❤This is collect from Regong county Tibet for 50 years old,it's a handmade old badge,amulet pandent, made of copper, the shape is a Tibetan Cross vajra.
❤You can make it into a pendant, or a keychain, or just put it on your desk,as an ornament.
❤Details 100% Handmade Pendant material:copper Pattern: cross vajra Length: 50mm /1.96 inches Width: 34mm /1.34 inches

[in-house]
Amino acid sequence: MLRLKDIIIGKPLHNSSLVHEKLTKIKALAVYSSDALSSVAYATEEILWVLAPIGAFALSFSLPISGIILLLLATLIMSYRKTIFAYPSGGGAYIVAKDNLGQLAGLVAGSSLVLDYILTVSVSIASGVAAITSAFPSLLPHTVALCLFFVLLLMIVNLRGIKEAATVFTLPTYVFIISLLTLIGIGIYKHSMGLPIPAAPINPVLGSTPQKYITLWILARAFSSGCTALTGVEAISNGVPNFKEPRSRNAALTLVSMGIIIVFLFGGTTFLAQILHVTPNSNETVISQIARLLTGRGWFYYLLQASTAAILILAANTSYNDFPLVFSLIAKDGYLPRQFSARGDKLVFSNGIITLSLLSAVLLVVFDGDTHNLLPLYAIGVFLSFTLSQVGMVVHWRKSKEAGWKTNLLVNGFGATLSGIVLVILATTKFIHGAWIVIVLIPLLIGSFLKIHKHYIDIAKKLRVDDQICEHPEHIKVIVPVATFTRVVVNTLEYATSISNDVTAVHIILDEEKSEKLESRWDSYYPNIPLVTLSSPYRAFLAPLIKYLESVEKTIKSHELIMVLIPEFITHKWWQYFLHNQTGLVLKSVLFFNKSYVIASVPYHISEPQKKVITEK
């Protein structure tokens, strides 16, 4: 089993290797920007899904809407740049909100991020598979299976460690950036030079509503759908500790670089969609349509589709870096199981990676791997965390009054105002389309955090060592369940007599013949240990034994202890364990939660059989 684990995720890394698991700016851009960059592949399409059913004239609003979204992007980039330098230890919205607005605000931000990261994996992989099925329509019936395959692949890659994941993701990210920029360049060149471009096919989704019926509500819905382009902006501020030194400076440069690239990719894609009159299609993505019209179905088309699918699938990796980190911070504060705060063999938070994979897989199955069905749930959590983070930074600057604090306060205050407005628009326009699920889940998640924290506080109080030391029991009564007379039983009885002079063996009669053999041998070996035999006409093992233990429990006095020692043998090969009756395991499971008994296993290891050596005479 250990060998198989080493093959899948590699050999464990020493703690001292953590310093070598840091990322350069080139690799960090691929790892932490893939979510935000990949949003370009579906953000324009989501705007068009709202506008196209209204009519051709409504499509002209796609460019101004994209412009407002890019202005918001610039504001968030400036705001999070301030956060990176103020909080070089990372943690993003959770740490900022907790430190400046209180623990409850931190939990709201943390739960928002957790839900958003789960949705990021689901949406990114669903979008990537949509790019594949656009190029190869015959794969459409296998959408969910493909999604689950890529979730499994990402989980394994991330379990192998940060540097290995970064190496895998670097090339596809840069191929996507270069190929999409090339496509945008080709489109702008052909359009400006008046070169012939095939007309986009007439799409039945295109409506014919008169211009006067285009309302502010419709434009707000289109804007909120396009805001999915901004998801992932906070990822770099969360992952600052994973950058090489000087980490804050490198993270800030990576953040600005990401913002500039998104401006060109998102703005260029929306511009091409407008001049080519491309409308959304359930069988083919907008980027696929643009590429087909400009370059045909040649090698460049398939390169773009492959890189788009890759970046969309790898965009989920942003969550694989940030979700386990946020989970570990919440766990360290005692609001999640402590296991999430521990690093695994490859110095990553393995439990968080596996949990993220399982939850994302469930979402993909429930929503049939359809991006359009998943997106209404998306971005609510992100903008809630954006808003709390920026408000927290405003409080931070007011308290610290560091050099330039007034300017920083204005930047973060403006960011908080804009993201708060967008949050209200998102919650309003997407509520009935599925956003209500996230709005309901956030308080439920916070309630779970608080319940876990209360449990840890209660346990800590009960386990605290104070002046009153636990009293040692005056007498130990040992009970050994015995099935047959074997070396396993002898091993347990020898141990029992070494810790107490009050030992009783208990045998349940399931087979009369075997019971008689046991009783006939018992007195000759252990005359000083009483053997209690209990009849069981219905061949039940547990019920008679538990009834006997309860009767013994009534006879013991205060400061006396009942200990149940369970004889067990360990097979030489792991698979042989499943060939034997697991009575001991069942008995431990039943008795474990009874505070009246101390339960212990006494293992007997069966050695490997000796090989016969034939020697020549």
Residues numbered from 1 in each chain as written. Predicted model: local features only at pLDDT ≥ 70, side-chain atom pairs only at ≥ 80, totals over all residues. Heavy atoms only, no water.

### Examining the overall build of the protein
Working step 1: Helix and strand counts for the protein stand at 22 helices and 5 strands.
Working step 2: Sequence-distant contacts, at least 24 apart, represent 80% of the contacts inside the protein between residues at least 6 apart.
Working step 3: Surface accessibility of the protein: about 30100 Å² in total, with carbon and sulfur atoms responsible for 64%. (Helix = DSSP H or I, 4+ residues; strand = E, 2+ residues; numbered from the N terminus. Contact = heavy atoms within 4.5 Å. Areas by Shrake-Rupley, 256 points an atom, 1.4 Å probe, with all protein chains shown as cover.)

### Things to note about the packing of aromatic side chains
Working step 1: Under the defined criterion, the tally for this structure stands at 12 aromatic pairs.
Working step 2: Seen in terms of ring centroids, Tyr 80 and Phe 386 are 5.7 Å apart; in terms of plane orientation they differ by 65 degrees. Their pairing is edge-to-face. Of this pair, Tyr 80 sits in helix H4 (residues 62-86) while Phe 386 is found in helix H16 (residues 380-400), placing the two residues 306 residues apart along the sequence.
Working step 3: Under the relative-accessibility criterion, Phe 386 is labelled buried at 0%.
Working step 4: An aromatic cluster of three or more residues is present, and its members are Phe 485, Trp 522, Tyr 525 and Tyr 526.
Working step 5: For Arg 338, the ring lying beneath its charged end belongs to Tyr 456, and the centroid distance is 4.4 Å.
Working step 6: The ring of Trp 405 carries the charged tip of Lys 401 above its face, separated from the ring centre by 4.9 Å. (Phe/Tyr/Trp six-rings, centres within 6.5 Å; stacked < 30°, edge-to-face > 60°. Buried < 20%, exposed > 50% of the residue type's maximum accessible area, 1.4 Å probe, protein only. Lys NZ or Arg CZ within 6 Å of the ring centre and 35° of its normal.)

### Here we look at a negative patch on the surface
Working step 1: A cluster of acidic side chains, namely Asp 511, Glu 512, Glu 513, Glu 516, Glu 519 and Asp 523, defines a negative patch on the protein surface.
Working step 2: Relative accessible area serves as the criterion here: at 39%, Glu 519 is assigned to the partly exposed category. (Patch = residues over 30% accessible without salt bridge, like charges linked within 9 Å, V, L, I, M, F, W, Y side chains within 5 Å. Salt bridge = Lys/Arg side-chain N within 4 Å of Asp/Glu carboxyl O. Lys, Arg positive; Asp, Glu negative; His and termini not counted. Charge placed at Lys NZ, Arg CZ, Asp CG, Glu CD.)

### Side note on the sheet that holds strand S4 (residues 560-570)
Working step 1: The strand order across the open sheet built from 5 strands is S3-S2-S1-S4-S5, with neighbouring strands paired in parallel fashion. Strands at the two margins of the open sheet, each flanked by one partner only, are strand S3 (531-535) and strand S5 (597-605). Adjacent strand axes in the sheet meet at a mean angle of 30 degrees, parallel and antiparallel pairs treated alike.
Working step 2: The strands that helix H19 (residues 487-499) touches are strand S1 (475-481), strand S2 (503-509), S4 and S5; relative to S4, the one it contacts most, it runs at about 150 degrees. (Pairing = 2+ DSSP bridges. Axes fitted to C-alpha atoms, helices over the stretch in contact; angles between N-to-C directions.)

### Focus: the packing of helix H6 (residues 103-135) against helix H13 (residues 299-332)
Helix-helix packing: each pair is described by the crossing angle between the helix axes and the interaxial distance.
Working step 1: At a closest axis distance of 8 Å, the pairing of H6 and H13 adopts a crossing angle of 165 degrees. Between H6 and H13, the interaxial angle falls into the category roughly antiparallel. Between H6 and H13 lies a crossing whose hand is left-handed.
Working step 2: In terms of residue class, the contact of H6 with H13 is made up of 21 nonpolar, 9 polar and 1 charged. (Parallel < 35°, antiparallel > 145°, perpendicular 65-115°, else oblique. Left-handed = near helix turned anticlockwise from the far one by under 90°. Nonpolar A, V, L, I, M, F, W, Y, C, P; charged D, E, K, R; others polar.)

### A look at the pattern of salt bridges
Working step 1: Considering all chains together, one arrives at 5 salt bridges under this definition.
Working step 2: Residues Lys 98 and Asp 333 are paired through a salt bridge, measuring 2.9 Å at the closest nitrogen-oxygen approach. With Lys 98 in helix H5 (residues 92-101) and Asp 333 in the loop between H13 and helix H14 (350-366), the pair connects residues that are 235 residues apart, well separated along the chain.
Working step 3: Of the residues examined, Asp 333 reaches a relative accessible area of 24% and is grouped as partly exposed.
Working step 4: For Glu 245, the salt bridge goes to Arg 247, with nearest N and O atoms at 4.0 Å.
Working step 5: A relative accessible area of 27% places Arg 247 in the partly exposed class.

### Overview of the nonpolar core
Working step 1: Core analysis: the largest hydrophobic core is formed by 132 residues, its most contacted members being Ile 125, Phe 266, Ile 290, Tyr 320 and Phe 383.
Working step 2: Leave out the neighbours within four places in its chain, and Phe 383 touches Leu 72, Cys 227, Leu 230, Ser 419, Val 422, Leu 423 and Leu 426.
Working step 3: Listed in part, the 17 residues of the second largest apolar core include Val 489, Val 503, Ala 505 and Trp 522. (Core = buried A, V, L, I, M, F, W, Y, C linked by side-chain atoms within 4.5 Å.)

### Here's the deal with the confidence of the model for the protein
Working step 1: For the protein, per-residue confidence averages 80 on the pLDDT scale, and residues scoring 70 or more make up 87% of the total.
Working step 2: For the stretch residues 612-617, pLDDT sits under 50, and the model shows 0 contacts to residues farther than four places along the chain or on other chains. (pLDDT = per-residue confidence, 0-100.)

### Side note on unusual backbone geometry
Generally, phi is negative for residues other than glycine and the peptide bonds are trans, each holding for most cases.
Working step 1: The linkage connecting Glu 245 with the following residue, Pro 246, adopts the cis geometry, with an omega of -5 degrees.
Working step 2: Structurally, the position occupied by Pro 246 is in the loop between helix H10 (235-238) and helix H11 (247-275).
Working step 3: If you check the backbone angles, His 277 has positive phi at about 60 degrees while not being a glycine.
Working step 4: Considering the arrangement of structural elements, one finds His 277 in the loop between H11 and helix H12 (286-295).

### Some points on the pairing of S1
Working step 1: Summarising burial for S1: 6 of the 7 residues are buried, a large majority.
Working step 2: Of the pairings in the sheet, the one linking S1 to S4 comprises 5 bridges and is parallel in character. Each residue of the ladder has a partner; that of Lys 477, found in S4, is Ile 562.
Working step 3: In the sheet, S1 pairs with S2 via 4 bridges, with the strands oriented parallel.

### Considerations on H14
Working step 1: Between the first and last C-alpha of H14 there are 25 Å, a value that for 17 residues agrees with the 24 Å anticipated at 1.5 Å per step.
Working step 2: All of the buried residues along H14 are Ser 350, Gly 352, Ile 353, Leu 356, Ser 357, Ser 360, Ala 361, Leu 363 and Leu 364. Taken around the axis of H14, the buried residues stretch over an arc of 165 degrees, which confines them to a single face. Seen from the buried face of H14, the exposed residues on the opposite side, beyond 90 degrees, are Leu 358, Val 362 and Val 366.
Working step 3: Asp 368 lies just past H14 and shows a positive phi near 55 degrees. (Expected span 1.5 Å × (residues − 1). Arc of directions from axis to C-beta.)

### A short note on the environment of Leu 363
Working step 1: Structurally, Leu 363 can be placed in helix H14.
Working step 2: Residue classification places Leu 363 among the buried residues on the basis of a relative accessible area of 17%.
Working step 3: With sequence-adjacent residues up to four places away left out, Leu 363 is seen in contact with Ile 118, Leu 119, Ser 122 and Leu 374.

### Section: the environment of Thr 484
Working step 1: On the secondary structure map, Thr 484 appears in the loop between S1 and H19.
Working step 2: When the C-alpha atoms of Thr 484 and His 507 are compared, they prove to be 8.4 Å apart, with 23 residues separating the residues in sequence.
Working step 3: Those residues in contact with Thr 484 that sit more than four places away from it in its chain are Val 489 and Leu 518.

❤ABOUT Tibetan Vajra In Buddhism, the vajra is the symbol of Vajrayana, one of the three major schools of Buddhism. Vajrayana is translated as "Thunderbolt Way" or "Diamond Way" and can imply the thunderbolt experience of Buddhist enlightenment or bodhi. It also implies indestructibility,just as diamonds are harder than other gemstones. In Tantric Buddhism (Vajrayana) the vajra and tribu (bell)are used in many rites by a lama or any Vajrayana practitioner of sadhana. The vajra is a male polysemic symbol that represents many things for the tantrika. The vajra is representative of upaya (skilful means) whereas its companion tool, the bell which is a female symbol, denotes prajna (wisdom). Some deities are shown holding each the vajra and bell in separate hands, symbolizing the union of the forces of compassion and wisdom, respectively. Vajrasattva holds the vajra in his right hand and a bell in his left hand. In the tantric traditions of Buddhism, the vajra is a symbol for the nature of reality, or sunyata, indicating endless creativity, potency, and skillful activity. The term is employed extensively in tantric literature: the term for the spiritual teacher is the vajracharya; one of the five dhyani buddhas is vajrasattva, and so on. The practice of prefixing terms, names, places, and so on by vajra represents the conscious attempt to recognize the transcendental aspect of all phenomena; it became part of the process of "sacramentalizing" the activities of the spiritual practitioner and encouraged him to engage all his psychophysical energies in the spiritual life. An instrument symbolizing vajra is also extensively used in the rituals of the tantra. It consists of a spherical central section, with two symmetrical sets of five prongs, which arc out from lotus blooms on either side of the sphere and come to a point at two points equidistant from the centre, thus giving it the appearance of a "diamond sceptre", which is how the term is sometimes translated. Various figures in Tantric iconography are represented holding or wielding the vajra. Three of the most famous of these are Vajrasattva,Vajrapani, and Padmasambhava. Vajrasattva (lit. vajra-being) holds the vajra, in his right hand, to his heart. The figure of the Wrathful Vajrapani (lit. vajra in the hand) brandishes the vajra, in his right hand, above his head. Padmasambhava holds the vajra above his right knee in his right hand.